Four razorbills in this study were named for lighthouse keepers and US Coast Guard staff formerly stationed on Matinicus Rock (location where we tagged the birds). The fifth bird (Anthony) is named for our favorite soldier, who is overseas serving his country. For more information please contact:



Supplemental information

Visit STAT's project page for additional information.




This section explains attributes included in the original dataset. OBIS-SEAMAP restricts the attributes available to the public to date/time, lat/lon and species names/counts only. Should you need other attributes described here, you are encouraged to contact the data provider.

Attributes described below represent those in the original dataset provided by the provider.
Only minimum required attributes are visible and downloadable online. Other attributes may be obtained upon provider's permission.

Attributes in dataset

Attribute (table column)Description
prognumProgram number
tag_idPTT ID
lcLocation class
iqQuality indicator
dir1Dir 1
nb_mesNumber of messages received
big_nb_mesdefinition not provided
best_levelBest signal strength in dB
pass_durationPass duration in seconds
nopcNumber Of Plausibility Checks successful (from 0-4)
calcul_freqCalculated frequency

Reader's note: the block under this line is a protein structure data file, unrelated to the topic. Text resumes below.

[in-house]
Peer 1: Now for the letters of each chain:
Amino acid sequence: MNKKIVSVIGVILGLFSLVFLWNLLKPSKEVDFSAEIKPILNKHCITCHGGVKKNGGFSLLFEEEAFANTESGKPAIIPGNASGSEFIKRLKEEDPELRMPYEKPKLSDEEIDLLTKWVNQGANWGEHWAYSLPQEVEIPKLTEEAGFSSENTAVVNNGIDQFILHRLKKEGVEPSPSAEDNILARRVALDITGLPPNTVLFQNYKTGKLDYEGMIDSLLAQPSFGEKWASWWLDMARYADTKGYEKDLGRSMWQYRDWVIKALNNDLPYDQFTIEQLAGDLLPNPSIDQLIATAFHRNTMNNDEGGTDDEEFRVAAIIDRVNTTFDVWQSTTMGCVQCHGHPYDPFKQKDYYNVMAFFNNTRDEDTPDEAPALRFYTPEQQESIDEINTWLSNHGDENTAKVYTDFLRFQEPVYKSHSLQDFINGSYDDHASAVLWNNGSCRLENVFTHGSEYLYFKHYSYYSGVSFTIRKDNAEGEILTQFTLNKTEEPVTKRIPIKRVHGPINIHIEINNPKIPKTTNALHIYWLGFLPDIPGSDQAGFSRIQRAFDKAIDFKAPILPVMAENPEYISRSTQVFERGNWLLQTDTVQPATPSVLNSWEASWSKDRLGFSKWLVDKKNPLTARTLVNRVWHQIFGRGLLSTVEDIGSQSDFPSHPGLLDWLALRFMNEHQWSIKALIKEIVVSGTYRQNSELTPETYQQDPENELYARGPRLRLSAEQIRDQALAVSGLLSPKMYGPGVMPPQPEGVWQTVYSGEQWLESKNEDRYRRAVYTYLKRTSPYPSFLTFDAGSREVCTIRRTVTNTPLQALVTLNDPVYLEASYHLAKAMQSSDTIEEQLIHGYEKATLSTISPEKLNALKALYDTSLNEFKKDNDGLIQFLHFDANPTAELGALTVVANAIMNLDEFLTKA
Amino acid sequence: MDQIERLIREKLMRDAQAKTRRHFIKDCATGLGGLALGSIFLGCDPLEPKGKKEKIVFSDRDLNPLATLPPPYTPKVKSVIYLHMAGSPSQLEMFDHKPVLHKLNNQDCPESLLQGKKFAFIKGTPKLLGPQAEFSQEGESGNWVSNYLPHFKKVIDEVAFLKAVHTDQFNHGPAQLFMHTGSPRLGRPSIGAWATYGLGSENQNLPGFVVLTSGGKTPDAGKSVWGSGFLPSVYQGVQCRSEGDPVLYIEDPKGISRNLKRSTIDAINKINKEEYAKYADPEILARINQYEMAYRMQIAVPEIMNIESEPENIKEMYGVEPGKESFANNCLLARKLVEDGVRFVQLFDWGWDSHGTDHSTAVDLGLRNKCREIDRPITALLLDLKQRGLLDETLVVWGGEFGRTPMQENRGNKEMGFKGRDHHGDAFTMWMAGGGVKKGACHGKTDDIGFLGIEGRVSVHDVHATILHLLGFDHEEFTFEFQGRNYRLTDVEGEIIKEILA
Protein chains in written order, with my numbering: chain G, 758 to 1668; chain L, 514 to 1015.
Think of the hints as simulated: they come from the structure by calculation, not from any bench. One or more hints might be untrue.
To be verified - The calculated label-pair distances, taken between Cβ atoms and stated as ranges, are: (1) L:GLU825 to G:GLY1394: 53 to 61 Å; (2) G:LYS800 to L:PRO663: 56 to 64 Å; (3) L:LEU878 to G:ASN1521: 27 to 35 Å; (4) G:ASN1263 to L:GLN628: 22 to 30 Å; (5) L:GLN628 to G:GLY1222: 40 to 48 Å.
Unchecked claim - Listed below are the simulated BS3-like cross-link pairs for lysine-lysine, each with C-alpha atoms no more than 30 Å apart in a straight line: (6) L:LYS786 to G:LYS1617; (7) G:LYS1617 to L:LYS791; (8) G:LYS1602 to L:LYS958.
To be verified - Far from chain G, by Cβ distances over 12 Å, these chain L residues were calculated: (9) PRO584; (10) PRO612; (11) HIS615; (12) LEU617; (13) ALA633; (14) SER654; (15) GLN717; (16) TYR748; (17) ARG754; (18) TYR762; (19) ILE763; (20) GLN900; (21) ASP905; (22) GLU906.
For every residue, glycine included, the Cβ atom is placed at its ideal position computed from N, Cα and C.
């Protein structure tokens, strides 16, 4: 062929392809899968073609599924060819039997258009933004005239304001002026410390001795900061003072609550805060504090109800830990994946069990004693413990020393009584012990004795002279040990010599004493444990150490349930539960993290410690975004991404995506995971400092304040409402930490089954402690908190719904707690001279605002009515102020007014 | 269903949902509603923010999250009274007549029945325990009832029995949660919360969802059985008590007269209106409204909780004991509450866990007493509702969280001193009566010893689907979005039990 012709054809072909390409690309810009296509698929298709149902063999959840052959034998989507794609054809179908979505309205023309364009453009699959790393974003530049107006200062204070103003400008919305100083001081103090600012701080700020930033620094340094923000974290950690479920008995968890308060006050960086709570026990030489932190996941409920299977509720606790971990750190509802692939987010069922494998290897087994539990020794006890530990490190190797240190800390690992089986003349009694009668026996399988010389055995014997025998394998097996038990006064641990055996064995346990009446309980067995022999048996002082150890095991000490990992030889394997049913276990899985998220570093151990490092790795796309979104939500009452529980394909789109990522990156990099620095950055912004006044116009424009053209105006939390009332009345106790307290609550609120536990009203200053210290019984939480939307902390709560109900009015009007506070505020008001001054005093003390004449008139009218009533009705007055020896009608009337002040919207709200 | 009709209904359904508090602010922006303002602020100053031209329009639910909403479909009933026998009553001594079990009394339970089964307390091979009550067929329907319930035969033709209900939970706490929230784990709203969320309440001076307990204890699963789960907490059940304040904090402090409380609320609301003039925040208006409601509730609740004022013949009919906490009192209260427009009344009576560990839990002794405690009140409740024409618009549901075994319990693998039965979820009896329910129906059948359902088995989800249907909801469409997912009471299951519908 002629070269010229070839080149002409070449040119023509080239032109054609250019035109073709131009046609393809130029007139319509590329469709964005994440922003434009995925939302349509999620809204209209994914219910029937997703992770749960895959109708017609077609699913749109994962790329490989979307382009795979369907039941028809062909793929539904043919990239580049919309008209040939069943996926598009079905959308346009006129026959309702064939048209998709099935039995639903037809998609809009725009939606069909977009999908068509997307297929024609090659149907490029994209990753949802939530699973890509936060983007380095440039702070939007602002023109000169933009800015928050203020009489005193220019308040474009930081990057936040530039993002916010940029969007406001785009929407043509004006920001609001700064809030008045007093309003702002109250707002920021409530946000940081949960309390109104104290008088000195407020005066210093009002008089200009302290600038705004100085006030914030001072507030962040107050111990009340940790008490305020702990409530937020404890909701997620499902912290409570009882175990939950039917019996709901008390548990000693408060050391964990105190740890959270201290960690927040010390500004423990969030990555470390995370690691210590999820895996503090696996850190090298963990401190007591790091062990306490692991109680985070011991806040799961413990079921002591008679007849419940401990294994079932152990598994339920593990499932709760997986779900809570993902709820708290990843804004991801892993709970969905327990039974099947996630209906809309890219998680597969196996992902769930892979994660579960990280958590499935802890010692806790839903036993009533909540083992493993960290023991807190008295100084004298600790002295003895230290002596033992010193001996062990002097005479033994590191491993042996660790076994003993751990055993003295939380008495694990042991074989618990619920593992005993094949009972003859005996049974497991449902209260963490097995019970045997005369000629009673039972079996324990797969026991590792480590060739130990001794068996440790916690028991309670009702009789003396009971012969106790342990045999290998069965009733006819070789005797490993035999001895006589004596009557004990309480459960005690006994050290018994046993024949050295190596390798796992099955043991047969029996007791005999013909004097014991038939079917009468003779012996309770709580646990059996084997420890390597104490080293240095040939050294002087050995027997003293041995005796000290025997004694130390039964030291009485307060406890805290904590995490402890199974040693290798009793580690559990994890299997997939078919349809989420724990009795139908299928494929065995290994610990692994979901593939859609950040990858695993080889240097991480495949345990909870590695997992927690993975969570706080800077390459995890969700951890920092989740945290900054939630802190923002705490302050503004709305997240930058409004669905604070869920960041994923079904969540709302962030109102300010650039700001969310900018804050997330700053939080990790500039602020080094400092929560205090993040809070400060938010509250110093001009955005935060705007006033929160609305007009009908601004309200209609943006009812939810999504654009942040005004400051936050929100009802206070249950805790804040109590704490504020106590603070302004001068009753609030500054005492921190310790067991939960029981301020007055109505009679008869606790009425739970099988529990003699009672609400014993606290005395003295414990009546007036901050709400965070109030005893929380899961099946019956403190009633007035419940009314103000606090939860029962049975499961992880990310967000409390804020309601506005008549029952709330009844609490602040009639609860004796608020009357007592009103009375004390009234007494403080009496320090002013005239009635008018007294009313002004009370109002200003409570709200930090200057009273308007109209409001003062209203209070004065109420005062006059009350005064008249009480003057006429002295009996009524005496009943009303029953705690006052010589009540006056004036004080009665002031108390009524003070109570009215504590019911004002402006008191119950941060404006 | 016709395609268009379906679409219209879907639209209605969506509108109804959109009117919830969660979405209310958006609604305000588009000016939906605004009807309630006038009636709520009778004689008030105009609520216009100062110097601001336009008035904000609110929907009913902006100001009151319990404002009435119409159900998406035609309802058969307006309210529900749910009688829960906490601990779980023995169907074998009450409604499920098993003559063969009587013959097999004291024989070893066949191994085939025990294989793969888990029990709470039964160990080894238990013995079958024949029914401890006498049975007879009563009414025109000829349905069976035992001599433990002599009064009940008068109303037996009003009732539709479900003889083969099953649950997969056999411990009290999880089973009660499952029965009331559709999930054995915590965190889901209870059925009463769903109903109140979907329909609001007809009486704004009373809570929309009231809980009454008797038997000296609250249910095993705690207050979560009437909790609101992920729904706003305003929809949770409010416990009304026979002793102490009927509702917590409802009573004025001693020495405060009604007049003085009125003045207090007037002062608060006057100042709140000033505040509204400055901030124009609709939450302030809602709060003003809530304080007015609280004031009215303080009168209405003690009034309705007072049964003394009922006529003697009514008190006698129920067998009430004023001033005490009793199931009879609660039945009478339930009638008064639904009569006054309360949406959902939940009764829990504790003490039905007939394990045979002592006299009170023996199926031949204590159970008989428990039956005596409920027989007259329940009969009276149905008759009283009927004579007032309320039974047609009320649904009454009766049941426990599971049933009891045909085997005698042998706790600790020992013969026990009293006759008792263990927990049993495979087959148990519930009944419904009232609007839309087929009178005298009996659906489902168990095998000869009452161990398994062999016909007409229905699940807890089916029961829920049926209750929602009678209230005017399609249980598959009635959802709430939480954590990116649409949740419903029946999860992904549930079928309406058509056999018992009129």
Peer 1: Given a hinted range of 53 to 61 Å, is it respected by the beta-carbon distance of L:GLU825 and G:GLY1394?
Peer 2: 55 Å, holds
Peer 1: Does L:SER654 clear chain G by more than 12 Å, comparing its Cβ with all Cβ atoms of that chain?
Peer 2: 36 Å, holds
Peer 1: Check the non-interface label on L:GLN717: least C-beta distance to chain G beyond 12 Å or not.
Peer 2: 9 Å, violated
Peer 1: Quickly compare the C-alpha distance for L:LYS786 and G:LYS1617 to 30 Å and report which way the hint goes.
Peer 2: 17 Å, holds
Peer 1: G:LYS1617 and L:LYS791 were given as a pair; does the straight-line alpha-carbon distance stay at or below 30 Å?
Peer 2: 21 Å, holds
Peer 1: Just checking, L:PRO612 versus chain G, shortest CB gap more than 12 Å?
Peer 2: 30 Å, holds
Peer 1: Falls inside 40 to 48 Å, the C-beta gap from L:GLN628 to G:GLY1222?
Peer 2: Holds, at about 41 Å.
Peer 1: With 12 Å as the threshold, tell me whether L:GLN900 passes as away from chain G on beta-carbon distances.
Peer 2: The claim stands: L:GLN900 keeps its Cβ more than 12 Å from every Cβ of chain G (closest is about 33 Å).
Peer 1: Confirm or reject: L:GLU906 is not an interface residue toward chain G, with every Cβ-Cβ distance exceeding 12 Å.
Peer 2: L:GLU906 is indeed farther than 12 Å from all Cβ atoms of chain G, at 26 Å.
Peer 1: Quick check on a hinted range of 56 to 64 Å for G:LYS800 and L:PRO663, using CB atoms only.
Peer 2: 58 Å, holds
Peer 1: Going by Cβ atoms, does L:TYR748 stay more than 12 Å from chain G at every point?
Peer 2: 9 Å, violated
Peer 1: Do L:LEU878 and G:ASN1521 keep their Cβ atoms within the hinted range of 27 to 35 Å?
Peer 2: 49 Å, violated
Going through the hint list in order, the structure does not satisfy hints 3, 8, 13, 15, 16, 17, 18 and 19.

altitudeAltitude used for location calculation
speciesSpecies name
project_idSTAT Project ID
lc_filterParameters to location filtering
speed_filterParameters to speed filtering
distance_filterParameters to distance filtering
topo_filterParameters to topo filtering
time_filterParameters to time filtering
angle_filterParameters to angle filtering
life_stageLife stage of the animal
genderGender of the animal
wetdryWet or dry
wetdry_filterParameters to Wet or dry filterint
obs_datetimeDate and time (local time zone)
timezone_hTime difference from UTC
Marine mammals0
Sea turtles0
Rays and sharks0
Other species0
Non spatial0
Non species0
Date, Begin2015-07-06
Date, End2015-10-29
Temporal prec.111111
Latitude43.64 - 45.28
Longitude-69.28 - -65.25
Coord. prec.3 decimal digits
Data typeTelemetry location
TracklinesYES (ID: 991)
Traveled (km)7,744
Travel hours8,033
Contr. throughSatellite Tracking and Analysis Tool
Sharing policy Permission required
Shared with SWOT
GBIF (via DOI)*
* Aggregated summary
See metadata in static HTML
See metadata in FGDC XML
See download history / statistics